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Solid Wood

American Made Wood Furniture, Solid Wood, Top Posts

Why Choose Solid Wood Furniture?

April 26, 2016

Solid Wood FurnitureSolid Wood Furniture: What does that mean? How do I know it’s solid wood? Why should I pay extra for it?

There’s a lot of unknowns for most shoppers around solid wood furniture. Why should I buy it? What exactly is it? And what are its benefits… At Manchester Wood, we make and sell exclusively solid wood furniture. And here’s why:

  • It brings a feel of quality d├ęcor to your home.
  • If it’s well built, solid wood furniture is incredibly durable and can last for generations.
  • There is a sustainability and ethical factor. We believe in Eco-friendly sourcing practices.
  • A common cheaper alternative is “veneer furniture,” and this is what works and what doesn’t:
    • It’s a lower investment, and an easier expense on a tighter budget
    • It gives the appearance of a larger selection of wood finishes and designs
    • It can be easier to match sometimes with a uniformed finish, because of its manufactured “fake” look
    • Commonly used with MDF, particleboard and other materials… BIG problem:
      • These materials are mixed with chemicals and glues to provide “strength”
      • They are lighter, makes it easier to manage, but doesn’t last long with major susceptibilities to damage that cannot be repaired

A lot of furniture retailers want you to buy without really looking at the materials. Be sure to check what the material is, and Google the name if you’re confused by it. As sometimes they put “dressed up” names on furniture materials to make it sound like solid wood. We truly love solid wood furniture at Manchester Wood, and not only do we enjoy making it and selling it to our customers for the last 40 years, but we love it in our own homes too.

American Made Wood Furniture, Solid Wood, Top Posts

What Quality Furniture Means

February 23, 2015

Quality Furniture Manchester Wood

Providing Quality Furniture at reasonable prices has been Manchester Wood’s honest mission for nearly 40 years.

Quality furniture isn’t so much about where it’s made… it’s how. Yes, 100% of our furniture is American made (and we’re very proud of that). Yet, we believe it’s the process of sourcing quality local hardwood materials and timeless design that has kept customers coming back for 39 years. Quality furniture at reasonable prices that sits between the inspirational small custom American furniture makers, and the mass “down-and-dirty priced” box stores. Because like Henry Ford, and the early pioneers of American manufacturing and commerce, we believe everyone deserves quality products that last a lifetime.

Do you agree with this simple thought on business practice? Should more companies be paying attention to quality? Share your comments below!

Download or receive a copy of our catalog by mail here.

American Made Wood Furniture, Solid Wood, Top Posts

4 Stories Behind Wood Types We Use

January 28, 2015
Wood Furniture
A Cherry Tree. Photo Courtesy of WunderWoods

Many customers ask us about the trees that make our American made solid wood furniture. Here are the 4 types we currently use and their back-story.

Ash (Fraxinus spp.)

Norse mythology refers to Ash as “the mighty tree that supports the heavens” and “below earth its root went down to hell.” Ash belongs to the olive family, although its only fruit is a dart-like winged seed. Ash is a popular species for food containers because the wood has no taste. Admiral Richard Byrd wore snowshoes made from Ash during his polar expeditions. Early windmills were made from this species. Its main uses are furniture, flooring, doors, moulding, hockey sticks, billiard cues, and more. It grows throughout the Eastern U.S. and ranges in height from 80 to 120 feet. Nearly all furniture at Manchester Wood is made with Ash, except our Adirondack collection and Solid Cherry collection. The Solid Cherry collection which has items found throughout a variety of categories has product names with ‘Cherry‘ in them.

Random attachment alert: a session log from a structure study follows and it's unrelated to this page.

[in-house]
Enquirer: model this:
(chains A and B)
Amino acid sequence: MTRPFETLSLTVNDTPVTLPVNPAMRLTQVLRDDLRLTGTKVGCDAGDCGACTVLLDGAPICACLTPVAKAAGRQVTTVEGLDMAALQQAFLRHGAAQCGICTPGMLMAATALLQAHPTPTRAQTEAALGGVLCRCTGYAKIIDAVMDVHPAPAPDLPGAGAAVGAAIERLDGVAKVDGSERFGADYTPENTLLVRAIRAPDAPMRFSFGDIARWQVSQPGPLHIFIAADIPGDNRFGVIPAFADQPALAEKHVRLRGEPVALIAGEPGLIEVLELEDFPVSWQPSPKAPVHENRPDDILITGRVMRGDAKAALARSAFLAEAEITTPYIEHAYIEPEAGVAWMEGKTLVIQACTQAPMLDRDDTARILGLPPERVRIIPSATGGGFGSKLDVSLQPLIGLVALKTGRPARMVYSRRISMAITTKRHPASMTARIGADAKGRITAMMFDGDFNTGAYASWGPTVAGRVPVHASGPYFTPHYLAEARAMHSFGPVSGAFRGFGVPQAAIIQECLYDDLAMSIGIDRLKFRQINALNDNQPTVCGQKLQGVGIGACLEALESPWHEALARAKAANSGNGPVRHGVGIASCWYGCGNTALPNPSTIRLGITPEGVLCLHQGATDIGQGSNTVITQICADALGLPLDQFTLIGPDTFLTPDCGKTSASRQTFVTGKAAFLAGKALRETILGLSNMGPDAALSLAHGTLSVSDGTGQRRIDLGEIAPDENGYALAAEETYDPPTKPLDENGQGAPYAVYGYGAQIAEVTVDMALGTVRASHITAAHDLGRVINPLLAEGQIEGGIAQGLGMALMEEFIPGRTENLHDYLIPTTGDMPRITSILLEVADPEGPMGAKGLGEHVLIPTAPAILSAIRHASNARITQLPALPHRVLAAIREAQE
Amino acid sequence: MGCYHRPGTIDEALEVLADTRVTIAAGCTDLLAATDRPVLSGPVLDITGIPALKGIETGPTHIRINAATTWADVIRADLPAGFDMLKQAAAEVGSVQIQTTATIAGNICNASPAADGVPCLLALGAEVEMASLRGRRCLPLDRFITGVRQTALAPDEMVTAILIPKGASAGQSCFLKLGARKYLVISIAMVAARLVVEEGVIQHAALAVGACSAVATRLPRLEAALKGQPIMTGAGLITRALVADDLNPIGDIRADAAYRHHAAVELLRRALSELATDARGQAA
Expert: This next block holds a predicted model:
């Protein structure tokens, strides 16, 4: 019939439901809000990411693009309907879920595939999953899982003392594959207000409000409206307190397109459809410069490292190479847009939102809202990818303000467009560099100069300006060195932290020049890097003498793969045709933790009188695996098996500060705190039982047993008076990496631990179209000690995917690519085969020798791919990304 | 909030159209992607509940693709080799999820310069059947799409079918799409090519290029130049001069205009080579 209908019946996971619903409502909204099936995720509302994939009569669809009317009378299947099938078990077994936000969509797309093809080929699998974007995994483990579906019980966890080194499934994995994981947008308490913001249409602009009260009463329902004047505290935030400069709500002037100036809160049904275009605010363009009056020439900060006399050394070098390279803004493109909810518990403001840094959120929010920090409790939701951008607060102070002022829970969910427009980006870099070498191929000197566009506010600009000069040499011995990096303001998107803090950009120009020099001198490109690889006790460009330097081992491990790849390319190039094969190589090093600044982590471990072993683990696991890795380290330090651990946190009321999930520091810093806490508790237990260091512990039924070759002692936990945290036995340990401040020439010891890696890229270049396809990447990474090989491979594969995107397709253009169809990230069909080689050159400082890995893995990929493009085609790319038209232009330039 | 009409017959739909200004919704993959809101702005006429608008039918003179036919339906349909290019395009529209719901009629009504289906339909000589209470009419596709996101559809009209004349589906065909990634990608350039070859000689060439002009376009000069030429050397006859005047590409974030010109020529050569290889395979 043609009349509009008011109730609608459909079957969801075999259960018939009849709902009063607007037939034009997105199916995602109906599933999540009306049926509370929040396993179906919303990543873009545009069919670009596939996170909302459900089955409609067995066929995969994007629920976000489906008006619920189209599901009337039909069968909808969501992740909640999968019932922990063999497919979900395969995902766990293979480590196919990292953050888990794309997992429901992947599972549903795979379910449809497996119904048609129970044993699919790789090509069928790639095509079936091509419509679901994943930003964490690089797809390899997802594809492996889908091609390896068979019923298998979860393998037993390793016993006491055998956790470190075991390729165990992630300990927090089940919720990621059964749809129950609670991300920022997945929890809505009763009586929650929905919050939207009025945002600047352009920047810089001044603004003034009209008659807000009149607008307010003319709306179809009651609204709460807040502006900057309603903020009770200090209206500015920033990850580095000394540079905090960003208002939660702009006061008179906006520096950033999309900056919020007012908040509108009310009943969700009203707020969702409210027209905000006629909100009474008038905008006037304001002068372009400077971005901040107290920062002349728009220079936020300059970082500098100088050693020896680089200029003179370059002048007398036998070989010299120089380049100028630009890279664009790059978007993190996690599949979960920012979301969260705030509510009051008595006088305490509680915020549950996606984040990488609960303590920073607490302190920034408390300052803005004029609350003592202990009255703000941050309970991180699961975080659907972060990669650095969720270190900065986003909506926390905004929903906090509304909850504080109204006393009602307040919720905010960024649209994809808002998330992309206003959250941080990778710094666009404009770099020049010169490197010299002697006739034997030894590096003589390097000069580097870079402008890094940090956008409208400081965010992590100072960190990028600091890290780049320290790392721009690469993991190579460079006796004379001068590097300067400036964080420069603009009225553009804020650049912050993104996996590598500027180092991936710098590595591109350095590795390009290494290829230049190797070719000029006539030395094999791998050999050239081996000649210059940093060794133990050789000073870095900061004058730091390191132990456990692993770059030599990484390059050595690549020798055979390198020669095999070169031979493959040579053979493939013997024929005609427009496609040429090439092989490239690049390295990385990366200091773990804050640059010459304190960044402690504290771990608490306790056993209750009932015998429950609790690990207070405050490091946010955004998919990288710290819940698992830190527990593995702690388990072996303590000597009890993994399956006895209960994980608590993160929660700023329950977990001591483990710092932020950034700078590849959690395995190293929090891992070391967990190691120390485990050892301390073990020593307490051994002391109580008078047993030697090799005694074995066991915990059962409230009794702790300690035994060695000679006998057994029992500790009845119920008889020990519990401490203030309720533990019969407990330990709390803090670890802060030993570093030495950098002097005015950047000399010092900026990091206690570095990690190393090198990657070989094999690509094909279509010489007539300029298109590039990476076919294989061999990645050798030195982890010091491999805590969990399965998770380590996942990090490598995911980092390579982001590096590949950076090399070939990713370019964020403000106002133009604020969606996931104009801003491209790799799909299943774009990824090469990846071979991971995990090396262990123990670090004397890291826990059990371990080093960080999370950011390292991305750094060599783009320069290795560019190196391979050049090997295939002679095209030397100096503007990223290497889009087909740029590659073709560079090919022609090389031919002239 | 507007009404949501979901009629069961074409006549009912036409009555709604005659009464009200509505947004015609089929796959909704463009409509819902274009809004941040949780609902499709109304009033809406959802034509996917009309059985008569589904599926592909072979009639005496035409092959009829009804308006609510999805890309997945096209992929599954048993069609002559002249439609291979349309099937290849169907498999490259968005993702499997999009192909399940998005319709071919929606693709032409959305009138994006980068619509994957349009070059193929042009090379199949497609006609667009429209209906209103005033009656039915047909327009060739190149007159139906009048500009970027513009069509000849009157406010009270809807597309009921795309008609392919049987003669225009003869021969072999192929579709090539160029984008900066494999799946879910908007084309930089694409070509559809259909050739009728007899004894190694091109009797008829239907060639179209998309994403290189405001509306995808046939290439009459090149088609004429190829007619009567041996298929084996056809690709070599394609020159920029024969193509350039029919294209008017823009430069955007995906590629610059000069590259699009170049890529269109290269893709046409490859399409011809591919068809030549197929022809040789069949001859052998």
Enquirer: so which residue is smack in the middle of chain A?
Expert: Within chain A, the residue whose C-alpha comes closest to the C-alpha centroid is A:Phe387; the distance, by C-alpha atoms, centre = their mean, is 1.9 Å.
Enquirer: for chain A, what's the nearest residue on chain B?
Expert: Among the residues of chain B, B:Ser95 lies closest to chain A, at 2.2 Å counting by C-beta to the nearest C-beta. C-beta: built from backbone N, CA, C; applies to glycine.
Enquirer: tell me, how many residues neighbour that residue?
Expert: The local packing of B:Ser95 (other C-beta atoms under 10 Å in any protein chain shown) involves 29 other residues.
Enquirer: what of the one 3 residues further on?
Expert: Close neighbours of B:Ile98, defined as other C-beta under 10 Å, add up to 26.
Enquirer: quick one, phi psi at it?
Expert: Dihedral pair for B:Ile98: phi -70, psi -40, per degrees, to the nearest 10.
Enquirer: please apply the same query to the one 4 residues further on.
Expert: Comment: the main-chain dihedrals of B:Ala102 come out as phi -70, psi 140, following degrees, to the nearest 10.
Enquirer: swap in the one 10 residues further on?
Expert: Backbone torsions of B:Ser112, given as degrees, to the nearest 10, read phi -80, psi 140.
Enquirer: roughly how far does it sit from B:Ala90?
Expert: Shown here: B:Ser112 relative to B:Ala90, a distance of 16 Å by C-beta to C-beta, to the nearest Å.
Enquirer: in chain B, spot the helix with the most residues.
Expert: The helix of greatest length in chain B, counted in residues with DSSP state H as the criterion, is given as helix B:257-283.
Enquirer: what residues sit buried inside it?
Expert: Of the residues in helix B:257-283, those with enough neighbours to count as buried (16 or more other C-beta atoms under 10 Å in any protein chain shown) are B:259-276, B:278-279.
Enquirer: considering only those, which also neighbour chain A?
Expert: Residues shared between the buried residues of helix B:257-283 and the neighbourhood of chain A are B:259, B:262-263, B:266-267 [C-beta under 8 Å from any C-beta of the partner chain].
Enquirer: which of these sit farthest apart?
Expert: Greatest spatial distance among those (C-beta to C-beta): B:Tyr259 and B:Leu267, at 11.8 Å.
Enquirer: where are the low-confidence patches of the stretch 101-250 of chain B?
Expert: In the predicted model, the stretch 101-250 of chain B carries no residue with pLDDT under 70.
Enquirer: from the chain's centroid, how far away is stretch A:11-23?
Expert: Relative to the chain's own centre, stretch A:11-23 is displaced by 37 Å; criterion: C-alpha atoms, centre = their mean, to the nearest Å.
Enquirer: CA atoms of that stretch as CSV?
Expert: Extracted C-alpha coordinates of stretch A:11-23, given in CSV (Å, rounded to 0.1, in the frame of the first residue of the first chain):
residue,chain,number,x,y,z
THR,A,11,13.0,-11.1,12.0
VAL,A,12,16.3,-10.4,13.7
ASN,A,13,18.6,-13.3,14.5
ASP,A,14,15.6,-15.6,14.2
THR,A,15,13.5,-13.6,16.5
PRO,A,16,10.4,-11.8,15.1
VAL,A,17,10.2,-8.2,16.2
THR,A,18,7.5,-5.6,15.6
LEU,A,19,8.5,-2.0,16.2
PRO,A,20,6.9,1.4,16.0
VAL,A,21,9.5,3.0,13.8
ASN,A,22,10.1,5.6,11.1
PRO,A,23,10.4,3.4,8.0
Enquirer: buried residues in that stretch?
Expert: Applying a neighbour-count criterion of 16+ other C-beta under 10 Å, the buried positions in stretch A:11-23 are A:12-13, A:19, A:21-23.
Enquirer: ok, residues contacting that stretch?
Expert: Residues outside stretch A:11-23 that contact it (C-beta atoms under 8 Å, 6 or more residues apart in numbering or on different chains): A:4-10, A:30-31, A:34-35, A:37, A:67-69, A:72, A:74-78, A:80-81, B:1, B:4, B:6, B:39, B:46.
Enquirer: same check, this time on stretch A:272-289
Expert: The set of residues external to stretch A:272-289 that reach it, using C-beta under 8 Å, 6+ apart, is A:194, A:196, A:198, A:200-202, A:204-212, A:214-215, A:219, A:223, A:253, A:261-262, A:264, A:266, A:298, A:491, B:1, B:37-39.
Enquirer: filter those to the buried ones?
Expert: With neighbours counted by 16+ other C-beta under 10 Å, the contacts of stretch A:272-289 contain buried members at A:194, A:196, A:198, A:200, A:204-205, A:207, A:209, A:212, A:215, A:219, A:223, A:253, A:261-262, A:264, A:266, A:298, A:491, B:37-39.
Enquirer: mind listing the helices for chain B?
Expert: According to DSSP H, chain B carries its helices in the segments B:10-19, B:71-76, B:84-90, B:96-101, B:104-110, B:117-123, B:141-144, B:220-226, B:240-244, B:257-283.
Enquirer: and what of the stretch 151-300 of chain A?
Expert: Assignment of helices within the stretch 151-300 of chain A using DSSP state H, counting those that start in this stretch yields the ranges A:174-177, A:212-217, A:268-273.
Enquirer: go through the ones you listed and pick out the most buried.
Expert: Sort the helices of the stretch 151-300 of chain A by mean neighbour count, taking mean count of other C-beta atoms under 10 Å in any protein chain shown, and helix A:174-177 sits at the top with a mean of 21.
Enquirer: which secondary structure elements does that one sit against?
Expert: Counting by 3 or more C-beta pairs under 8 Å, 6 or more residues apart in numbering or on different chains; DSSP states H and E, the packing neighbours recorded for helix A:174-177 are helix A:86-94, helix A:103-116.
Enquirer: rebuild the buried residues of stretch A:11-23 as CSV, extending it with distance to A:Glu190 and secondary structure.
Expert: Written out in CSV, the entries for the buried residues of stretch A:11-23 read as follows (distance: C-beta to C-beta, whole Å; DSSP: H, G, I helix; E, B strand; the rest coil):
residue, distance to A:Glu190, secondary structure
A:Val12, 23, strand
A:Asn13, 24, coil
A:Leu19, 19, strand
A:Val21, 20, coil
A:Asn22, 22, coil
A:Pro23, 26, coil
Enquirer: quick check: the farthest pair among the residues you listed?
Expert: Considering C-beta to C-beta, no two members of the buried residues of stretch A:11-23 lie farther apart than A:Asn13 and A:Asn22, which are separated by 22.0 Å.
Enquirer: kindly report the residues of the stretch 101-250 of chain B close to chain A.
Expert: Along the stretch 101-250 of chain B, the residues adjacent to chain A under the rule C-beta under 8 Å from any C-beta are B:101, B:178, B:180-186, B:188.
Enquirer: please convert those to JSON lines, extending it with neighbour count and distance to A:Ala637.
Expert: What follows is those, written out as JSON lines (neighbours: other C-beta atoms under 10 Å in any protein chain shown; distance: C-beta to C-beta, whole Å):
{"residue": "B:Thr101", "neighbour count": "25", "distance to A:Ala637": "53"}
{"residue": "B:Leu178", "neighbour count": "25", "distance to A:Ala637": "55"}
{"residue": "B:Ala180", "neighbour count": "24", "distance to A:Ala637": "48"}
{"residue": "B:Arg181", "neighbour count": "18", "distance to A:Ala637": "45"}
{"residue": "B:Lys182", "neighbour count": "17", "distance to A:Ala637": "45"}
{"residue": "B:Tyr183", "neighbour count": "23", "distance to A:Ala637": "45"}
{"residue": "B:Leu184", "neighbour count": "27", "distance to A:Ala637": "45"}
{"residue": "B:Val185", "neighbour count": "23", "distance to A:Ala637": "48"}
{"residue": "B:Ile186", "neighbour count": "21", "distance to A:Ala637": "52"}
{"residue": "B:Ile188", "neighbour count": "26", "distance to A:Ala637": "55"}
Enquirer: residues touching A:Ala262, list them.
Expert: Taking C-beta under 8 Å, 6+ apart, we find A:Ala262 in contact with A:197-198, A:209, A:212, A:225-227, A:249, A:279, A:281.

Beech (Fagus grandifolia)

Known as “Mother of the Forest” for its nutrient-rich humus, Beech has a long, illustrious past. The Aryan Tribes of Asia, the earliest known people to use a written language, carved their messages into the soft, smooth pliable bark of the Beech tree. The writings, cut out of the bark were called “boc,” which eventually became “book.” Its main uses are doors, flooring, toys, turnings, and furniture. It grows throughout the Eastern U.S. with an average height of 120 feet. Occasionally our Retro collection is made with Beech.

Cherry (Prunus serotina)

Like all fruit trees, Cherry belongs to the rose family. American Colonists used the Cherry tree for its fruit, medicinal proprities and home furnishings. They mixed Cherry juice with rum to create Cherry Bounce, a bitter but highly favored cordial. The bark was used in the production of drugs to treat bronchitis, and Cherry stalks were used to make tonics. Its main uses are fine furniture and cabinet making. It grows throughout Midwestern and Eastern U.S. Check out our Solid Cherry collection, made entirely with Cherry hardwood.

Soft Maple (Acer rubrum, Acer saacharinum)

In most respects Soft Maple is very similar to Hard Maple. Generally the sapwood is greyish white, sometimes with darker colored pith flecks. The wood is usually straight-grained. Its main uses are furniture, paneling and millwork. It grows throughout the Eastern U.S. and to a lesser extent the West Coast. Check out our Adirondack collection made with Soft Maple.

This information comes courtesy of American Hardwoods: Treasured for Generations.